Washington has welcomed the muscular role Arab militaries are playing in Yemen and Syria, but their greater participation could also create a greater risk of a wider Sunni-Shia conflict across the Middle East.
President Barack Obama has been pressing Sunni Saudi Arabia and other Gulf state allies to do more to address the problems across the region. “Why is it that we can’t have Arabs fighting [against] the terrible human rights abuses that have been perpetrated, or fighting against what [Syrian President Bashar] Assad has done?” Obama asked in an interview Sunday with The New York Times.
Yet more aggressive moves by Arab militaries also have the potential to create unexpected consequences, according to military officials and analysts, as regional leaders plot strategies for a long game against Shiite Iran that may not necessarily track with U.S. objectives. And last week’s conclusion of a preliminary nuclear deal between Iran, the U.S. and other world powers only complicates the situation.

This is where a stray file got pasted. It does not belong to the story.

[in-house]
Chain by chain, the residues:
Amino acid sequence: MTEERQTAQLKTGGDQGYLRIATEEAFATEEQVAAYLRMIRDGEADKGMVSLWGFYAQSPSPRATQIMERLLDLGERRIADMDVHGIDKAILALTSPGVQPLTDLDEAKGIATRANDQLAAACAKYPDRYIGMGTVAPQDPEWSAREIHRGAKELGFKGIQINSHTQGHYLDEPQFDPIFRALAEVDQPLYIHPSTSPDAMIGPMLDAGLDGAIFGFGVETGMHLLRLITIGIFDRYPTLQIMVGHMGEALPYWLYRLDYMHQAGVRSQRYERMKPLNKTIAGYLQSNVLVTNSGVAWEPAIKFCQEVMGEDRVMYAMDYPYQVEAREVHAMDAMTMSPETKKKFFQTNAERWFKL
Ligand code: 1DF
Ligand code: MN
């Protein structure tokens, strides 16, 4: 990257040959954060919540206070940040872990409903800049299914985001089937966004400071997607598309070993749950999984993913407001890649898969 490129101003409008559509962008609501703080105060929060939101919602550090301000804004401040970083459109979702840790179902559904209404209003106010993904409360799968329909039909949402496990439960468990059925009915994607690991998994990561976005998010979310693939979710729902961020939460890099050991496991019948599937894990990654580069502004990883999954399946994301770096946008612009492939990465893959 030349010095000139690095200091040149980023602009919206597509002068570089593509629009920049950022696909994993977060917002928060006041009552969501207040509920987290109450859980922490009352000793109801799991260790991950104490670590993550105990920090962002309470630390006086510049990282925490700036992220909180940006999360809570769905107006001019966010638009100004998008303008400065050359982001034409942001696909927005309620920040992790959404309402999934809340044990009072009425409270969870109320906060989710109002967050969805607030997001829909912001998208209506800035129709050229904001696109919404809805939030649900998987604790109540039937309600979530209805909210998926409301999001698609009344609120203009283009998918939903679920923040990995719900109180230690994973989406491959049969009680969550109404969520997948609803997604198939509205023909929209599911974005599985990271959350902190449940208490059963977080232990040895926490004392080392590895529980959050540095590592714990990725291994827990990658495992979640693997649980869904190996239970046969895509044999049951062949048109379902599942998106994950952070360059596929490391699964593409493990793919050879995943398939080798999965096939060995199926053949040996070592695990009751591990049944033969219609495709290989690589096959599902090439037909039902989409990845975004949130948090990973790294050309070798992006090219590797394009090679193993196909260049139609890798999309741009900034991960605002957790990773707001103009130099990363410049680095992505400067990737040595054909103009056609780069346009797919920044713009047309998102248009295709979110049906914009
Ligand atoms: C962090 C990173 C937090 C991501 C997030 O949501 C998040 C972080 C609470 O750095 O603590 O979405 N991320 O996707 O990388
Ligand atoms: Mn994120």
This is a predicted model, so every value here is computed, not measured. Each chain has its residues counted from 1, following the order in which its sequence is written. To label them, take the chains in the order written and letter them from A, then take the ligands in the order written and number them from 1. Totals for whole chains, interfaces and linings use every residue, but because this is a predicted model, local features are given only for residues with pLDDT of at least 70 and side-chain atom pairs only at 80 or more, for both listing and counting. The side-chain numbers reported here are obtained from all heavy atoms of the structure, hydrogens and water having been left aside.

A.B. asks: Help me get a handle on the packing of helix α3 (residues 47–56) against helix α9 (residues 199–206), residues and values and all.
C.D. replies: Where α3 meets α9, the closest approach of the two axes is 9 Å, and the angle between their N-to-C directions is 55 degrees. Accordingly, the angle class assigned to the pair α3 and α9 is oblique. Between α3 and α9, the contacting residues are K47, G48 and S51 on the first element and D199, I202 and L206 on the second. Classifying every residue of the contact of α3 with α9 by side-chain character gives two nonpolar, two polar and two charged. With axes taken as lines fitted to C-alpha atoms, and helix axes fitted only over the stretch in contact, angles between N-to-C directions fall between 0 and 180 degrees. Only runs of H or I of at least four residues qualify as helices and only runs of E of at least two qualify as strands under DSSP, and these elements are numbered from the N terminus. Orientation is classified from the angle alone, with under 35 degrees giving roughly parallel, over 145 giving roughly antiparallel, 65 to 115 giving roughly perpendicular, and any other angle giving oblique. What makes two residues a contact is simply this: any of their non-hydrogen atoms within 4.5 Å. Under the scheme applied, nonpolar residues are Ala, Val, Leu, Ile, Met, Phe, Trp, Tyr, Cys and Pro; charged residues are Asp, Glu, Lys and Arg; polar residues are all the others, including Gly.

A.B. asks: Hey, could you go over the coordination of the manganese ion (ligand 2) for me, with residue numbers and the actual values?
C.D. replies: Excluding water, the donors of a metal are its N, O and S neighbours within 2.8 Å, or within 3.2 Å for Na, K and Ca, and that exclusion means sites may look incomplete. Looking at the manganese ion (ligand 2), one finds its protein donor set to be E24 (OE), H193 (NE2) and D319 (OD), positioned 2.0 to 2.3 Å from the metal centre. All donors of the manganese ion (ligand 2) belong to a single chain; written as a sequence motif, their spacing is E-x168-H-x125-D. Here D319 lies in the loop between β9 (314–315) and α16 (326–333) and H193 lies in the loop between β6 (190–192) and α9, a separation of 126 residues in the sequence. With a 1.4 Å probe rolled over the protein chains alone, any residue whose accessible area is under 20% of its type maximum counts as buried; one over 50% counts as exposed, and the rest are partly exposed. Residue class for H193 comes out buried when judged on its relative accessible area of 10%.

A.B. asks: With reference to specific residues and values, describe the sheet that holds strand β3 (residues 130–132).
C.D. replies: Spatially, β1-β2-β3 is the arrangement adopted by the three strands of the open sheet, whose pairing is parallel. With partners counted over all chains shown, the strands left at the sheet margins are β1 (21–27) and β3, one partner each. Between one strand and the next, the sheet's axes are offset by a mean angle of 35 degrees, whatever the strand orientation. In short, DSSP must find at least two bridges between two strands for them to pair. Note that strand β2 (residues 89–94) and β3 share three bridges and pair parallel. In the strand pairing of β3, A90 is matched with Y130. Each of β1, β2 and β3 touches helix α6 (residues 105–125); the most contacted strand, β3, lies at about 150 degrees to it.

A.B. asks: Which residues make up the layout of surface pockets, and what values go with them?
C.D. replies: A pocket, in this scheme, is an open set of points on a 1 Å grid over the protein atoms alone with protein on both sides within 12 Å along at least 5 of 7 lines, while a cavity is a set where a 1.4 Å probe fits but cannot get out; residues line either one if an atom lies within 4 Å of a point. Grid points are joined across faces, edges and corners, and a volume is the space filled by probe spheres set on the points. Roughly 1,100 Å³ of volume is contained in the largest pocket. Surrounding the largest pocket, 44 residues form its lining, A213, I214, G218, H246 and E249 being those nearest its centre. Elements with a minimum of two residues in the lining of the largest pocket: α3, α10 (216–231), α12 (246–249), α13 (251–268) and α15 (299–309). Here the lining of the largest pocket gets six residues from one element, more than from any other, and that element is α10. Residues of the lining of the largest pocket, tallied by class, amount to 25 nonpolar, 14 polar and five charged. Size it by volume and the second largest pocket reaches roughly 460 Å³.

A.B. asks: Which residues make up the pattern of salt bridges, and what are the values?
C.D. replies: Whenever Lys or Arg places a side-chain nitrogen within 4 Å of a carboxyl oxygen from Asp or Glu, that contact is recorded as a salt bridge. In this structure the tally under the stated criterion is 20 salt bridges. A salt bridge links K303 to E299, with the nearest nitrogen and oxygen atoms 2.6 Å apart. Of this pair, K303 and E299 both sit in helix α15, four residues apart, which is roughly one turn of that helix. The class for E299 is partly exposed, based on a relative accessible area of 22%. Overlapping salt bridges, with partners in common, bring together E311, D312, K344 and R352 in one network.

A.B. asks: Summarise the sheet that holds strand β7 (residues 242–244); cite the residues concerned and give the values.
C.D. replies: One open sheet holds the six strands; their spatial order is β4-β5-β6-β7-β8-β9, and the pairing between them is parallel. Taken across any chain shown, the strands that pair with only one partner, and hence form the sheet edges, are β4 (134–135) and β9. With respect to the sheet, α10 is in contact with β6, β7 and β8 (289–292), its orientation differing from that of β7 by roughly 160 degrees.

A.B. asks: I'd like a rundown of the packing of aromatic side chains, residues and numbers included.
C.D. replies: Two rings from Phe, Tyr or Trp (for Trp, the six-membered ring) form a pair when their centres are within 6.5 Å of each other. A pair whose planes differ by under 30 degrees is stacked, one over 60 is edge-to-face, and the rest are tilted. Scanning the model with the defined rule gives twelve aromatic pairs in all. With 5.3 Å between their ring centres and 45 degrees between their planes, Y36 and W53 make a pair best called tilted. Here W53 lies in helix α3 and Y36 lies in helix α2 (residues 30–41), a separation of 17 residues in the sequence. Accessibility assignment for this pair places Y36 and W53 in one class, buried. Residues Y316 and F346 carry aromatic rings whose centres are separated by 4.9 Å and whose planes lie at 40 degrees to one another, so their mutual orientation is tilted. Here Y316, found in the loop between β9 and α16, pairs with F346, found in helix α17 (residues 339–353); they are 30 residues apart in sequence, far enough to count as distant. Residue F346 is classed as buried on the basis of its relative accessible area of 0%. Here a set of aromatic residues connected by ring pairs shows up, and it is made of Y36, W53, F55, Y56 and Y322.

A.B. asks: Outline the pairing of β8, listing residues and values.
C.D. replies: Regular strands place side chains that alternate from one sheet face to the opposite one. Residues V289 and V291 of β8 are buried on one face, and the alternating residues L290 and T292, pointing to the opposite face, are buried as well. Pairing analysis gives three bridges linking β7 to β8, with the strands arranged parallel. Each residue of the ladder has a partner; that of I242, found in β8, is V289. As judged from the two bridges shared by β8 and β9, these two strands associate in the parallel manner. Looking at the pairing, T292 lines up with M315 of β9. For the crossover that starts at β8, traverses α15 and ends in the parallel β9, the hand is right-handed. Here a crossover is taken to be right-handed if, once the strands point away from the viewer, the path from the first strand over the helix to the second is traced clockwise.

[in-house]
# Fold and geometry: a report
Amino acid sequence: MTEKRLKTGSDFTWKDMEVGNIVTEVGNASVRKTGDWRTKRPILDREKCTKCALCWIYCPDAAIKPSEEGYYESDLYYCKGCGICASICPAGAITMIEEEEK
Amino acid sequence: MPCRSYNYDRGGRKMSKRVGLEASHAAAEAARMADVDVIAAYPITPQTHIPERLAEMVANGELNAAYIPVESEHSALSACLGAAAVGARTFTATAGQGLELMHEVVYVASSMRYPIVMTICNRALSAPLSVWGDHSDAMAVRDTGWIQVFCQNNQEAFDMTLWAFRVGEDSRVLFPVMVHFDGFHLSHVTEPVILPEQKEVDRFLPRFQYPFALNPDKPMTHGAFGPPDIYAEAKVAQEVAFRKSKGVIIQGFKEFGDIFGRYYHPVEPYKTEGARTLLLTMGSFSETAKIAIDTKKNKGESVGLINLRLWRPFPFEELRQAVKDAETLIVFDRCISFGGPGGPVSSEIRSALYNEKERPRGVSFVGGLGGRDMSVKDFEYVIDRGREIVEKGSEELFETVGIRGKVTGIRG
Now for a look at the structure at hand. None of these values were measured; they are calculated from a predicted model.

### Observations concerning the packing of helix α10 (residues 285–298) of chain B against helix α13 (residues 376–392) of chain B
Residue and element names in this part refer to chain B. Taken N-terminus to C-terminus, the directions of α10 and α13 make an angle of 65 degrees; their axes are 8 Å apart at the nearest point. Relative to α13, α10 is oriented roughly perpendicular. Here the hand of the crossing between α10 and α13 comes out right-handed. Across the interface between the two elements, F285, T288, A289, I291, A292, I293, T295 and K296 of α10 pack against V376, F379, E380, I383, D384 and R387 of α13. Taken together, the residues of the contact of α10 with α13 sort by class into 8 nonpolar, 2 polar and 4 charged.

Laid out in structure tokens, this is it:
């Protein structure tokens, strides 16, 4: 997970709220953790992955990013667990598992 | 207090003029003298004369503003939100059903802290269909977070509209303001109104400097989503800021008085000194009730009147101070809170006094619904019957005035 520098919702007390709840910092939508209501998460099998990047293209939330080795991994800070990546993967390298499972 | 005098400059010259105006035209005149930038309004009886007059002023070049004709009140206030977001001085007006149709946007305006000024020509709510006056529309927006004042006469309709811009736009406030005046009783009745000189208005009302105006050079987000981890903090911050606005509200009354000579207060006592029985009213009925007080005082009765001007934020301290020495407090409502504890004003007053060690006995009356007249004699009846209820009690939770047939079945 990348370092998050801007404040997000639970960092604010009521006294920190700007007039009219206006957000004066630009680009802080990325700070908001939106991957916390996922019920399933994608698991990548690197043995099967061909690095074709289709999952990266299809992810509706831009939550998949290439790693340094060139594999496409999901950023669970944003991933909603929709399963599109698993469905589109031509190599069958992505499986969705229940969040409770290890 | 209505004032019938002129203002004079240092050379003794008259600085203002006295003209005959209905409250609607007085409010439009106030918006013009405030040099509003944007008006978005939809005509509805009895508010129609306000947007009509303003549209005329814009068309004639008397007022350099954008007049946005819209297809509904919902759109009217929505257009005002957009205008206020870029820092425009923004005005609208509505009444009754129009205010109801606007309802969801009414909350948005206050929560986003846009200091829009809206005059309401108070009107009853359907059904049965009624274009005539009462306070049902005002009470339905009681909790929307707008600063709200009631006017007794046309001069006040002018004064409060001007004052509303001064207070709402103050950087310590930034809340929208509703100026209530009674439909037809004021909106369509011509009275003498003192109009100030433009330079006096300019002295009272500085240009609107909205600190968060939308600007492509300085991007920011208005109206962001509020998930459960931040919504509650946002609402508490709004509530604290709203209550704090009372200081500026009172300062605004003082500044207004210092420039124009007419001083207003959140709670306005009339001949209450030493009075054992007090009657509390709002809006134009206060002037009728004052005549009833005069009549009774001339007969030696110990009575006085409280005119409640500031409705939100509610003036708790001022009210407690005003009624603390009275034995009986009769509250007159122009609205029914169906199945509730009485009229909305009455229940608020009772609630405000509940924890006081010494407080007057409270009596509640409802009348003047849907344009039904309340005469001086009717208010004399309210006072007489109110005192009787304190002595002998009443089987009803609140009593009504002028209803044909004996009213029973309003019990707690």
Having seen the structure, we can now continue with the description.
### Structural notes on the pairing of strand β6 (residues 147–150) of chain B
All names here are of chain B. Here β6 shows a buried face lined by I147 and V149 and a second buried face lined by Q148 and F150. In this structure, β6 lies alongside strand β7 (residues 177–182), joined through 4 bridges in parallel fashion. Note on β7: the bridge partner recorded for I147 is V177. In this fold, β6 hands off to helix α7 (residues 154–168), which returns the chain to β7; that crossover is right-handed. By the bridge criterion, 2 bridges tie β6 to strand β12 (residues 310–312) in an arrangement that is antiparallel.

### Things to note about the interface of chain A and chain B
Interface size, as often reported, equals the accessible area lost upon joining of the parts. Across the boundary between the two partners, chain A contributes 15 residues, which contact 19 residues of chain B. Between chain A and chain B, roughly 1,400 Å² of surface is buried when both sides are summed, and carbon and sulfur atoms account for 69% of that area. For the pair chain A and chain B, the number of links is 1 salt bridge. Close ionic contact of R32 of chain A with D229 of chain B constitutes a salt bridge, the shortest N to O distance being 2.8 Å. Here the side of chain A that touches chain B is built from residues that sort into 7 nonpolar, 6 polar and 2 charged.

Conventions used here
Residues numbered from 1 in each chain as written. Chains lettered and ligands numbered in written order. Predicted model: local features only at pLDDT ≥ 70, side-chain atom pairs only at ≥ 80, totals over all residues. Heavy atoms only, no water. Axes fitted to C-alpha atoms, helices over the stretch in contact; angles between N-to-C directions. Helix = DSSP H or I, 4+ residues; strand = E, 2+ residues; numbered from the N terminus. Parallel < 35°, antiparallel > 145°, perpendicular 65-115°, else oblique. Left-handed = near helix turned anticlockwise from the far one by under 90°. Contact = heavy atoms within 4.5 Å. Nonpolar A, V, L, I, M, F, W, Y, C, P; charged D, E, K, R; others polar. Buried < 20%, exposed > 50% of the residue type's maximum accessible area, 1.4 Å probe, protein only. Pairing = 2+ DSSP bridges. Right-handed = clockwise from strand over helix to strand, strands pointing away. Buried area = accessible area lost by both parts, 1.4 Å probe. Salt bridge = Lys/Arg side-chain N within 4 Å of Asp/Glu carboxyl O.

The perception of a rapprochement between two longtime archrivals, Washington and Tehran could prompt the Sunni Arab states to further increase their own operations across the regions to make up for an impression they’ll have less support from the U.S. against Iranian mischief.